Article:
Liberians Rally For Deferred Enforced Departure Extension
On a cold and blustery day at the Minnesota State Capitol, several hundred Liberians passionately appealed to Minnesota politicians in a solidarity rally.
“Please talk to the President and help our people,” said Alvin Glay of New Hope.
The Liberian contingent wants state representatives and senators in Washington DC to convince President Donald Trump that extending Deferred Enforced Departure (DED) is a worthy cause.
“If DED is not extended there’s going to be families who are going to be torn apart,” said John Samuel Smith of New Hope.
For some Liberians in the northwest suburbs the clock is ticking. President Trump needs to sign the extension by March 31.
With no extension they could be forced to leave the Twin Cities, which has many Liberians concerned.
“Definitely a crisis in the Liberian community,” Smith said
“So many people consider this place to be like home,” Glay said. “So it would be so bad to see so many people that build a family and they’ve got kids and yet they leave their kids and just go back to a country they don’t know.”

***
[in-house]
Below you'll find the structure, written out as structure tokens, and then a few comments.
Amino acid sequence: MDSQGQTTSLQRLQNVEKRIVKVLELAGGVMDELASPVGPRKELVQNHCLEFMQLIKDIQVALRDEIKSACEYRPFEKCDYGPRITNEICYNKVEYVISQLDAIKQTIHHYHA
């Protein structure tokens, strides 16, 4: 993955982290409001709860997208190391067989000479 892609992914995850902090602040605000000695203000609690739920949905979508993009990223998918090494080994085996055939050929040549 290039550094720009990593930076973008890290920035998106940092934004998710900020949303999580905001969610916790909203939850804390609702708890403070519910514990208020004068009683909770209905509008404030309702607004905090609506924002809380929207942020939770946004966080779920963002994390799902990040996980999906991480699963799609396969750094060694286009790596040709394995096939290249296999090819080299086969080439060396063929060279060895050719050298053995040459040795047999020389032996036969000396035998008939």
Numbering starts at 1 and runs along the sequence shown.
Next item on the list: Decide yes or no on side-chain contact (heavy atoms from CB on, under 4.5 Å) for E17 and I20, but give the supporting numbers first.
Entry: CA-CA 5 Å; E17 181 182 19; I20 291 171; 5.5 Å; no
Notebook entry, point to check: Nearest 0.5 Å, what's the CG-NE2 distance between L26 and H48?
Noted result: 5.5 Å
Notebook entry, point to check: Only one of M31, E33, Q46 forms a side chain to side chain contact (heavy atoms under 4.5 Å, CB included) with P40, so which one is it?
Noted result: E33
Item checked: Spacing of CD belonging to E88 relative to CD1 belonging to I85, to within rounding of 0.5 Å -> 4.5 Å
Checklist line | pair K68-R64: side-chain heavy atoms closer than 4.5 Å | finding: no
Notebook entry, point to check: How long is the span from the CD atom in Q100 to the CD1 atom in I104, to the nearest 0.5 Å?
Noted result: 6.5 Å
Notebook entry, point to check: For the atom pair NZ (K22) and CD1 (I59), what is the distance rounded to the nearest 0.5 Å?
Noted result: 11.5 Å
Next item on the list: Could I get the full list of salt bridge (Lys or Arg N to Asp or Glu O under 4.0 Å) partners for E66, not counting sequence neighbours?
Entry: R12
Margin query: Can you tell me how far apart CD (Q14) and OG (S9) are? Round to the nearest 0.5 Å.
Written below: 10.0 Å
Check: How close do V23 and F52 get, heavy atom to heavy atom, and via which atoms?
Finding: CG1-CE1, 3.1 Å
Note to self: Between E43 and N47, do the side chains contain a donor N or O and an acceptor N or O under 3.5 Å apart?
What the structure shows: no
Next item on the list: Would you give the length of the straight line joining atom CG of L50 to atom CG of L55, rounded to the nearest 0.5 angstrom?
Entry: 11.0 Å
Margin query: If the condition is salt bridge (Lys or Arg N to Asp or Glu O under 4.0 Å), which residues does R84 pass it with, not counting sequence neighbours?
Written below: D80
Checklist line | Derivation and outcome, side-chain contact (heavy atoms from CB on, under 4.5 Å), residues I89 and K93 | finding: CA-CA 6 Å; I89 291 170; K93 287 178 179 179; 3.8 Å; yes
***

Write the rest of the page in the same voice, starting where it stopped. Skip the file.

The battle to get a DED extension is personal for many Liberians. If it doesn’t happen it could be painful.
“It’s definitely going to harm a lot of people,” Glay said. “That’s why you need to show some love and you need to call upon the Congress to help our people right now.”
“This has happened to my friend Mark Square,” Smith said. “His mother, Miss Vicky Peabody, was taken back to Liberia.”
If the extension is not granted the repercussions will not be good because Liberia is still struggling.
“It’s rough,” Smith said. “There’s not many jobs for people. It’s really tough.”
Since 2007 there have been six DED extensions under former Presidents George W. Bush and Barack Obama.